Directors Editorial: Growing Gains and Pains We are so excited to announce that we have moved to a new office! D.C. Greenworks new headquarters is now in the heart of Shaw at 1701 6th Street, NW, upstairs from the Chain Reaction Bike Shop. The Shaw EcoVillage Projectwho formerly lived at our addressrelocated to their new, bigger offices at 1416 North Capitol Street last month. Soon Chain Reaction will follow them, and D.C. Greenworks will take over the entire property. We are thrilled to have more office space with room to grow, a place to properly store our truck, tools and plants, and a yard to create a demonstration site, workshop space, and community asset. We are most thrilled to be located in the heart of the community that gave us our start and has sustained us so many years. We have big plans for our quaint, new home. Inside, we hope to offer community meeting and classroom space, a small tool library for community treecare activities, and workshop space for our young trainees. Outside, we plan to design our yard as a lovely demonstration site and outdoor classroom in low impact development and sustainable landscaping. Over the next several months, as we settle in to our new home, keep your eye on the corner of 6th and R Streets. We think youll like what you see. However, to bring our new space up to par, there is a lot of work to be done. Our new home desperately needs a new coat of paint inside, new windows, and kitchen, toilet and bath renovations. Outside, we need a storefront sign, lighting, and a water hook up, and the yard desperately needs fencing and major landscape renovation. Since we are mostly supported by project grants, DCGs funding allows us to provide trees, tools and training to our communities, but doesnt allow us to provide much for our own infrastructure, especially for needed office renovations. So what we need most right now is support from the community to provide what grant funding cannot. Please help us make our new office a reflection of our community values and investment. If you have extra paint trays, rollers, brushes, or ladders to lend or donate, well take them! If you are a plumber or electrician and can spare a few hours, wed love it! Know someone in iron fencing or sign painting? Hook us up! And, of course, your tax-deductible financial contributions are always welcome. After all, it will take a lot of plants, mulch, paint, lumber, sweat, and generosity to make the corner of 6th and R Streets a treat for all who come by. - D.C. Greenworks Update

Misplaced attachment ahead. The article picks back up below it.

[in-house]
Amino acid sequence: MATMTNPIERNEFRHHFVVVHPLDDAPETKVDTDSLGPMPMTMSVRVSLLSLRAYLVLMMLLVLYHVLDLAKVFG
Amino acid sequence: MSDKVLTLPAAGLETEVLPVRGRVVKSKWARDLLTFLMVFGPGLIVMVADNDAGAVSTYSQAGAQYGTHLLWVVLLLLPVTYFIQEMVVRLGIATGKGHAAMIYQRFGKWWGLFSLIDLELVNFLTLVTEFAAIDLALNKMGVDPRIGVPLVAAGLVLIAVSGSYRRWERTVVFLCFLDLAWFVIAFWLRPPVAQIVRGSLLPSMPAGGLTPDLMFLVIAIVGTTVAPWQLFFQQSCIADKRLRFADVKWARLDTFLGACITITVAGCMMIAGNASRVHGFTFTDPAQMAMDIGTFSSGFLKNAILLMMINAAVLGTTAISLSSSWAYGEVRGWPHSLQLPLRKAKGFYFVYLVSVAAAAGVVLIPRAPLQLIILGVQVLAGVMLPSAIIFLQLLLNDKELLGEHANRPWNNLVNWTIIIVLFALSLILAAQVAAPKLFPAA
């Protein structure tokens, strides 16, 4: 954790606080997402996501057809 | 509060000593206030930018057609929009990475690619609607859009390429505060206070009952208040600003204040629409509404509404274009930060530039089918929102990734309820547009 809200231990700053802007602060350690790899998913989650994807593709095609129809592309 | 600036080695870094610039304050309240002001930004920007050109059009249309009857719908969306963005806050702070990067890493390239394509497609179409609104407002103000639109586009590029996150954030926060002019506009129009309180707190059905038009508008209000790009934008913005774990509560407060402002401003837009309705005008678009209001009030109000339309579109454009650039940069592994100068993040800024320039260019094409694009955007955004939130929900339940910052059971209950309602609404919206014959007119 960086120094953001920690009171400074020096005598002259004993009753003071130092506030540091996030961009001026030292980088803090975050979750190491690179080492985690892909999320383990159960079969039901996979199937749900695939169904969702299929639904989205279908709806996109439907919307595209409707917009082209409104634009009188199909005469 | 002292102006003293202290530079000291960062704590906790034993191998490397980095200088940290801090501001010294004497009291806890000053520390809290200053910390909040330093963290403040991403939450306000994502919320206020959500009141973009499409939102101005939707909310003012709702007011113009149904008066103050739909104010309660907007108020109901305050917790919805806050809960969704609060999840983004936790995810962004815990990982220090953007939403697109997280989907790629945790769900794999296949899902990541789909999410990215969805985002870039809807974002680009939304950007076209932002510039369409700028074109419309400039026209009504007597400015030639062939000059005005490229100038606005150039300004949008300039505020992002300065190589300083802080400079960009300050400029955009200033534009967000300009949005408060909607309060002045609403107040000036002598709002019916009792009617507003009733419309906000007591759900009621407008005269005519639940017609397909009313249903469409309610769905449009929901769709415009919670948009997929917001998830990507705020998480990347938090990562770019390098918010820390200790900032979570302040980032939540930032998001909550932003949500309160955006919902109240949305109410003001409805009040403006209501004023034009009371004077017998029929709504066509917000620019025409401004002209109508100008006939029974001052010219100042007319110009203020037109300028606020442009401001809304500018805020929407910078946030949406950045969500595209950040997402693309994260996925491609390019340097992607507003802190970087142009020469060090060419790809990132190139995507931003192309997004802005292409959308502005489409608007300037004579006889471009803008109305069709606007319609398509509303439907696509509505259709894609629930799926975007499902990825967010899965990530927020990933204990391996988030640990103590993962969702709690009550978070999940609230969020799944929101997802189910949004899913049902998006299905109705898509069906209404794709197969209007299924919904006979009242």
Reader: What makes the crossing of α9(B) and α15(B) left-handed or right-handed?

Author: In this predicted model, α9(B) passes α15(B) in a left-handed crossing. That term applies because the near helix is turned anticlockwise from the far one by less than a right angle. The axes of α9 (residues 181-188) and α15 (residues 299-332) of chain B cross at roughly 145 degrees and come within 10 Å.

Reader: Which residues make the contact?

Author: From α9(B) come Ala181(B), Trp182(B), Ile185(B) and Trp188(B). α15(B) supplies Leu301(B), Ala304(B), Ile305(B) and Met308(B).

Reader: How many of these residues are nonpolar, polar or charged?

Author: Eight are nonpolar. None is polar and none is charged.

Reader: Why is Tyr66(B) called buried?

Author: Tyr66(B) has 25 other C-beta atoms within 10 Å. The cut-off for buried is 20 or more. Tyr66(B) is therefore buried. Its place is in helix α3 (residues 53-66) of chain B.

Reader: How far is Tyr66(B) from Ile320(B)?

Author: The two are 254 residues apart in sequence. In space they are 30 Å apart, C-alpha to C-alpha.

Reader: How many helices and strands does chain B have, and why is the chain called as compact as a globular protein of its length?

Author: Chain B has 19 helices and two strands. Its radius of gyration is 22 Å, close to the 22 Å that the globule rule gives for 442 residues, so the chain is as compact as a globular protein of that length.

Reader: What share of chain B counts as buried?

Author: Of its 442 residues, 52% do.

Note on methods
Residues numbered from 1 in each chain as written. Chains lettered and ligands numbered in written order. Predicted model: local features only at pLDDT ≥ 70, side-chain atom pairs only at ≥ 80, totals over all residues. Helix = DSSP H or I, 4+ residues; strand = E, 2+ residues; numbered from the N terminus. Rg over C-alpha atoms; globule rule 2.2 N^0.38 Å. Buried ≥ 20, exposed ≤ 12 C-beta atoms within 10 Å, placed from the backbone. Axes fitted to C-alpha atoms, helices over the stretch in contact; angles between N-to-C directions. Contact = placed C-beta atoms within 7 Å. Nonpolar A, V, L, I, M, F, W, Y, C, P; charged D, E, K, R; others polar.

- Community Connection - Summer Treecare: Water! Water! Water!